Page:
Analyses and forecasts for the first 2 weeks of the Genesis of Atlantic Lows Experiment (GALE) are described. These fields were produced using the National Meteorological Center (NMC) Regional Analysis and Forecast System (RAFS). Two sets of analyses and forecasts were constructed: one using the NMC operational database only (Level IIIa), and one using the NMC data merged with high-density observations taken during GALE (Level IIIb).

During the first 14 days of GALE, supplemental data were collected throughout two Intensive Observing Periods (IOPs). Comparisons of the Level IIIa and IIIb analyses over the GALE observing region in the southeastern United States indicated a worsening of the geopotential height analysis at operational NWS rawinsonde sites using the supplemental IIIb data. This was caused by inconsistencies in the height measurements at the high-density GALE rawinsonde sites. Such patterns were not observed in the wind and temperature analyses.

During IOP No. 1, the Level IIIa and IIIb Nested Grid Model (NGM) forecasts were nearly identical. For IOP No. 2, one forecast cycle saw an improvement in the Level IIIb forecasts due to offshore GALE dropwindsonde data, while another was improved by the inclusion of late-arriving rawinsonde data in the IIIb analysis. The inland, high-density GALE soundings, however, had a negligible impact on NGM forecasts during the entire 12-day period.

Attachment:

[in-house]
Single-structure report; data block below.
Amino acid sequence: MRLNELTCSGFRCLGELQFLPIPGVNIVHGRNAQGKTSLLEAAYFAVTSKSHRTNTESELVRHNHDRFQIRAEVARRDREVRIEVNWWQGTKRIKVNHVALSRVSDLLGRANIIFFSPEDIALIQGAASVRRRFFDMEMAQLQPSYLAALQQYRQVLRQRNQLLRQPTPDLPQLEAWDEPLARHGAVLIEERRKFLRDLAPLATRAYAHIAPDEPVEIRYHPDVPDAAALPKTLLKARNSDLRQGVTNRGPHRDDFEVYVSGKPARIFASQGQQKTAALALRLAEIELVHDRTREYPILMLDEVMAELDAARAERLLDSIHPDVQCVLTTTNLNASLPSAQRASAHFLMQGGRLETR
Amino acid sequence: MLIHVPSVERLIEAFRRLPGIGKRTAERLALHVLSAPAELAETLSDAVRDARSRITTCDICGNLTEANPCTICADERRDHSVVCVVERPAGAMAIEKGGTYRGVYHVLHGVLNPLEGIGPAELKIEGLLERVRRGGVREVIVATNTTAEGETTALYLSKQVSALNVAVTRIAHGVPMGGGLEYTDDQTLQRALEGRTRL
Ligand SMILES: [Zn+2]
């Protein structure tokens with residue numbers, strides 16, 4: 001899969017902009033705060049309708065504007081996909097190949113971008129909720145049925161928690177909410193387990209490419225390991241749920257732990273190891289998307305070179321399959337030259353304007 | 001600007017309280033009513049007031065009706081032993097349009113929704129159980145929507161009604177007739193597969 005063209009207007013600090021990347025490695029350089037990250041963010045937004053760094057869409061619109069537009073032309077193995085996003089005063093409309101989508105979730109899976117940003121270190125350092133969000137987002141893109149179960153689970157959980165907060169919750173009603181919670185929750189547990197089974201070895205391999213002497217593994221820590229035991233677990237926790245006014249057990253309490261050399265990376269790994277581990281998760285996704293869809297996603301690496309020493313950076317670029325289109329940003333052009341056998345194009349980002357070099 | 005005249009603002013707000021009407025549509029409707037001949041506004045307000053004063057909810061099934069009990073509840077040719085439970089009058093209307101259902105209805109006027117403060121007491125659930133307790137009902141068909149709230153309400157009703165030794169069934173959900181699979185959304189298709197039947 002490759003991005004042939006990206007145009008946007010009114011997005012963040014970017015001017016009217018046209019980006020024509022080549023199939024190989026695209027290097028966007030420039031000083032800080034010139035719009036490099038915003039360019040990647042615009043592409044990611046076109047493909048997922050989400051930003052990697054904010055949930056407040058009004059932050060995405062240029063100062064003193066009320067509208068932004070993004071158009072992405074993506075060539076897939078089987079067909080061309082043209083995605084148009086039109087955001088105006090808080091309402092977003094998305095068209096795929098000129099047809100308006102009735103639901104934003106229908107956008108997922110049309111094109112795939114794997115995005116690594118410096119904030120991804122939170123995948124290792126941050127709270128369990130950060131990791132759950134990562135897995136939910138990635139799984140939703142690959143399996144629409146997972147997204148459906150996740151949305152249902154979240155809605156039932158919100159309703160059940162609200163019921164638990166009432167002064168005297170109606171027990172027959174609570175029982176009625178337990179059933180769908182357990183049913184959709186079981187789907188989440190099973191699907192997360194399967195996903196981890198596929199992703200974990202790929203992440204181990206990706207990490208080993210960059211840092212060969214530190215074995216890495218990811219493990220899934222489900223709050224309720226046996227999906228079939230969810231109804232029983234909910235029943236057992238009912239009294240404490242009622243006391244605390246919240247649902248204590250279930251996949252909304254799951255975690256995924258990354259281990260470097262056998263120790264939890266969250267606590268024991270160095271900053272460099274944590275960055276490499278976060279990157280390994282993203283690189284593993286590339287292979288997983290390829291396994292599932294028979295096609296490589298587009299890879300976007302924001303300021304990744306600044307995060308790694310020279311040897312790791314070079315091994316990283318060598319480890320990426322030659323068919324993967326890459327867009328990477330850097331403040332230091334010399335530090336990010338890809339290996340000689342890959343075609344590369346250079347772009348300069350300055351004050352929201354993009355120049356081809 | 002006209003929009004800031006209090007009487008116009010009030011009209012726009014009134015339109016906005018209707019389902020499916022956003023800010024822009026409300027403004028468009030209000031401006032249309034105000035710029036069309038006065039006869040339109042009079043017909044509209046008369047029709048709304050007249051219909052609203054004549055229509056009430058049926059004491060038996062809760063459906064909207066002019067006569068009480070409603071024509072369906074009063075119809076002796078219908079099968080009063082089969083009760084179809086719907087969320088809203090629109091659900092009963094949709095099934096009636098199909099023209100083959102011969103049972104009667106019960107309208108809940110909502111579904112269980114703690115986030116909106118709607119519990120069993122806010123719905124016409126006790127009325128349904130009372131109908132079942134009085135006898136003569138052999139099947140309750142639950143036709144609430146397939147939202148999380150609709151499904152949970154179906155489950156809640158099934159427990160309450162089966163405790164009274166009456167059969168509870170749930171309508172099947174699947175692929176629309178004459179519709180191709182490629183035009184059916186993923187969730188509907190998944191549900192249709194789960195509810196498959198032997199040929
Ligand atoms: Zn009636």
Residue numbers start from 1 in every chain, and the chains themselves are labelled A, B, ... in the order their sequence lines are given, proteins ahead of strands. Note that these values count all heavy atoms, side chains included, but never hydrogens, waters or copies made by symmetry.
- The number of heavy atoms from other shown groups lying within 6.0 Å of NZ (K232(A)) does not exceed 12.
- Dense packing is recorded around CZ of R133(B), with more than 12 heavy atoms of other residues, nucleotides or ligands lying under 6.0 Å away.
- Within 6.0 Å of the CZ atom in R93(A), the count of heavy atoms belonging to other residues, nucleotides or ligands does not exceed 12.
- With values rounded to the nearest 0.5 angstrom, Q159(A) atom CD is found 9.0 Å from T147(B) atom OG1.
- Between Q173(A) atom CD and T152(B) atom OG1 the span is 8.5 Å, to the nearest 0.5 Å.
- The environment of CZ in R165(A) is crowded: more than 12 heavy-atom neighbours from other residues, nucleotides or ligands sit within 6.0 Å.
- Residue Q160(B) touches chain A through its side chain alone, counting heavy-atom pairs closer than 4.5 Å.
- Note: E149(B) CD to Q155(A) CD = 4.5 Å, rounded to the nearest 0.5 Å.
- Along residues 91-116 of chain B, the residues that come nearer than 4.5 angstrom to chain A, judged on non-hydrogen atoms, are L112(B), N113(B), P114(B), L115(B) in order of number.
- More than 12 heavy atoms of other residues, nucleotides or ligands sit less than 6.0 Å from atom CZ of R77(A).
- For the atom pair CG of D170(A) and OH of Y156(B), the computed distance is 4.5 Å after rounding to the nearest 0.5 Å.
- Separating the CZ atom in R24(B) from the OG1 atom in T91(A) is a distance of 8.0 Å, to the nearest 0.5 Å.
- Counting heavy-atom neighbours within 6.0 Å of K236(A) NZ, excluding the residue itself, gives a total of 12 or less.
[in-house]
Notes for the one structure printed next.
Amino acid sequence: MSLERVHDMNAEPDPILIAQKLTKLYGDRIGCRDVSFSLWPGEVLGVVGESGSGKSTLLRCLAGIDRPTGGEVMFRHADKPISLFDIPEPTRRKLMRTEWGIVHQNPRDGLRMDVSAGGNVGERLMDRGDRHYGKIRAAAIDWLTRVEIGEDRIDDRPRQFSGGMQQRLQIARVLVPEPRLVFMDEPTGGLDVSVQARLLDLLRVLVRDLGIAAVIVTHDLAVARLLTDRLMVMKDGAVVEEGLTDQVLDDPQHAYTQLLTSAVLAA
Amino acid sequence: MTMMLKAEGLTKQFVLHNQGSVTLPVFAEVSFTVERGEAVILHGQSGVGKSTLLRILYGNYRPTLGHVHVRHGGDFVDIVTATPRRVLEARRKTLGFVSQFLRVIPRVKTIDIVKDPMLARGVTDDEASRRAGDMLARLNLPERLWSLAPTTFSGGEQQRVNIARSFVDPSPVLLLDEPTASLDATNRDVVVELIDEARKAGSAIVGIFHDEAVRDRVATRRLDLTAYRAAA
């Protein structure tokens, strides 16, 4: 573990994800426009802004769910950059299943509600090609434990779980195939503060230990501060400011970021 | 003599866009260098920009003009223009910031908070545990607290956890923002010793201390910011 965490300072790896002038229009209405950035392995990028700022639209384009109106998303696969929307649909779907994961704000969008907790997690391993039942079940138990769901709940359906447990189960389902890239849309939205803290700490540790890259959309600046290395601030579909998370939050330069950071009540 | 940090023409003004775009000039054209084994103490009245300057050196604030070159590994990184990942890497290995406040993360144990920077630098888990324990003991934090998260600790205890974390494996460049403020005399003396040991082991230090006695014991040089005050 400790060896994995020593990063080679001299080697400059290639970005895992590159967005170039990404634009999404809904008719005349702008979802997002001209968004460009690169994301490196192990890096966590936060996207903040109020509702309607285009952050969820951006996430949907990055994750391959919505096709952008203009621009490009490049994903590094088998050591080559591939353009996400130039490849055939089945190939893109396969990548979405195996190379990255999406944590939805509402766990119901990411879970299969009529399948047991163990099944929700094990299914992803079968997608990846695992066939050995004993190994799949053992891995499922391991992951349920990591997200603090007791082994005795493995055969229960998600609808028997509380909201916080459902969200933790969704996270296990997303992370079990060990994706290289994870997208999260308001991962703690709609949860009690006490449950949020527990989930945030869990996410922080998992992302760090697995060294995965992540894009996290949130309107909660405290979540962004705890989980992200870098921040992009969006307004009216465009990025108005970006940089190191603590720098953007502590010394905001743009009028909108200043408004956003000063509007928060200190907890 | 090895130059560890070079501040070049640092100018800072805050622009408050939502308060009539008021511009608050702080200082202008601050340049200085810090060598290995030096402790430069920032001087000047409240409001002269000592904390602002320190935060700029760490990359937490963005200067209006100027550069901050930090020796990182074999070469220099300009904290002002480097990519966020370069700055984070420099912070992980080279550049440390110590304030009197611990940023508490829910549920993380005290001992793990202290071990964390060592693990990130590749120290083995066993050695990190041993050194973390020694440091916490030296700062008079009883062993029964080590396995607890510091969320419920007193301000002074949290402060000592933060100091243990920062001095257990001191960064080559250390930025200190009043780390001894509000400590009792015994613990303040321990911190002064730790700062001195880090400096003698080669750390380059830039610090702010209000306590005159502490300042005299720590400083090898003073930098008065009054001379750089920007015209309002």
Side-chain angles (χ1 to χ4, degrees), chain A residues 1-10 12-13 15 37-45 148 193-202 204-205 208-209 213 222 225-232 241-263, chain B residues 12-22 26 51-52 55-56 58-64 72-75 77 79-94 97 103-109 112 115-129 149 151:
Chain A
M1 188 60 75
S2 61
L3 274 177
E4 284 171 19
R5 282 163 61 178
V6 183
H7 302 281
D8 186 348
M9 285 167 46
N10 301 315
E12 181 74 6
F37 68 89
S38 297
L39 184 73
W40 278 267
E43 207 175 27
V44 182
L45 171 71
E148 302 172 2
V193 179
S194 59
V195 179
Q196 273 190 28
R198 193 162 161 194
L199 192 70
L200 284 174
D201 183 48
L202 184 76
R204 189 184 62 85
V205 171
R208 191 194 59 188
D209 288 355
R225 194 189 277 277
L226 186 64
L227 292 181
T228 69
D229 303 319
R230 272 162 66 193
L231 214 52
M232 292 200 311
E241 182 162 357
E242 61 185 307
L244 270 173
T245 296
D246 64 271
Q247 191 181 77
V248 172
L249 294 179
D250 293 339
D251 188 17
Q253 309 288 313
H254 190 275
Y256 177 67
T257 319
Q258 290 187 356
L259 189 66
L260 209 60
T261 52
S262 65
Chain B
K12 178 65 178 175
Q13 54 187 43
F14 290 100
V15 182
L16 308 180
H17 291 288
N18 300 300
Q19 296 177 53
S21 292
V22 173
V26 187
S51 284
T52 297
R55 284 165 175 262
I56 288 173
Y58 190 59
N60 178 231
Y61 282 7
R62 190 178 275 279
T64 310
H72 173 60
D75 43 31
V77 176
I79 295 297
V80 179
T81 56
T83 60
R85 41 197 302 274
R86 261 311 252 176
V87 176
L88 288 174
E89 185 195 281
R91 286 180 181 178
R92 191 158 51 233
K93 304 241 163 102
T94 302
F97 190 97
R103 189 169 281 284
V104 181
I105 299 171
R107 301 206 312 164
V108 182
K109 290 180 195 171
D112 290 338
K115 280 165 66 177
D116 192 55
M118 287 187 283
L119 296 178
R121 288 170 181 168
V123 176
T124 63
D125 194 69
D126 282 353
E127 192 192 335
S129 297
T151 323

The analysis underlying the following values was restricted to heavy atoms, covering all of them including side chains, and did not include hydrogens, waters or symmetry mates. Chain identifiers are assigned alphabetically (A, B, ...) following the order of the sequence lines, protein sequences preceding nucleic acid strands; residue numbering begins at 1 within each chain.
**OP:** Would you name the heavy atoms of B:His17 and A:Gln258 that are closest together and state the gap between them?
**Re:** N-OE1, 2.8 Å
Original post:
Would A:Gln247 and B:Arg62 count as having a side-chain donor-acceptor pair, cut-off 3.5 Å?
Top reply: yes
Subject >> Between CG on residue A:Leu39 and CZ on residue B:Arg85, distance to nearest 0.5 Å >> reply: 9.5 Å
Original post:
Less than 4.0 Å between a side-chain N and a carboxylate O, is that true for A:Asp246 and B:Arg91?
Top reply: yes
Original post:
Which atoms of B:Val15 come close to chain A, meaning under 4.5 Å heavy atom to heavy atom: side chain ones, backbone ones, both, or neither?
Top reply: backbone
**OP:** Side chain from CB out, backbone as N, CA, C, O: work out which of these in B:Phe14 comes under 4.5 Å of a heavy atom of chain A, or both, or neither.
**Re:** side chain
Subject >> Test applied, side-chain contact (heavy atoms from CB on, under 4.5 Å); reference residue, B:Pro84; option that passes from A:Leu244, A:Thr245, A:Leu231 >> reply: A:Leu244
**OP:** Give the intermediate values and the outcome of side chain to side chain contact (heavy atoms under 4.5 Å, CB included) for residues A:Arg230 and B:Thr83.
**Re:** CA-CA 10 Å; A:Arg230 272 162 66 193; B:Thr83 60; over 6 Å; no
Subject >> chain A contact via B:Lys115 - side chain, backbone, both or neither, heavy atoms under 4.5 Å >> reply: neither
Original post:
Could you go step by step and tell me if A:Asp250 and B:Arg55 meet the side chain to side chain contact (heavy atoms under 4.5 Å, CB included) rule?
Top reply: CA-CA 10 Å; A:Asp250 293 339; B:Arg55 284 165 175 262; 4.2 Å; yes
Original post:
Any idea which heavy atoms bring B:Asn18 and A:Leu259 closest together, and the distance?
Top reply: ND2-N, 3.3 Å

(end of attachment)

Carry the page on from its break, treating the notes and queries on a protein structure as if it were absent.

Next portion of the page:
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Gavin A. Schmidt, Reto Ruedy, James E. Hansen, Igor Aleinov, Nadine Bell, Mike Bauer, Susanne Bauer, Brian Cairns, Vittorio Canuto, Ye Cheng, Anthony Del Genio, Greg Faluvegi, Andrew D. Friend, Tim M. Hall, Yongyun Hu, Max Kelley, Nancy Y. Kiang, Dorothy Koch, Andy A. Lacis, Jean Lerner, Ken K. Lo, Ron L. Miller, Larissa Nazarenko, Valdar Oinas, Jan Perlwitz, Judith Perlwitz, David Rind, Anastasia Romanou, Gary L. Russell, Makiko Sato, Drew T. Shindell, Peter H. Stone, Shan Sun, Nick Tausnev, Duane Thresher, and Mao-Sung Yao

Abstract

A full description of the ModelE version of the Goddard Institute for Space Studies (GISS) atmospheric general circulation model (GCM) and results are presented for present-day climate simulations (ca. 1979). This version is a complete rewrite of previous models incorporating numerous improvements in basic physics, the stratospheric circulation, and forcing fields. Notable changes include the following: the model top is now above the stratopause, the number of vertical layers has increased, a new cloud microphysical scheme is used, vegetation biophysics now incorporates a sensitivity to humidity, atmospheric turbulence is calculated over the whole column, and new land snow and lake schemes are introduced. The performance of the model using three configurations with different horizontal and vertical resolutions is compared to quality-controlled in situ data, remotely sensed and reanalysis products. Overall, significant improvements over previous models are seen, particularly in upper-atmosphere temperatures and winds, cloud heights, precipitation, and sea level pressure. Data–model comparisons continue, however, to highlight persistent problems in the marine stratocumulus regions.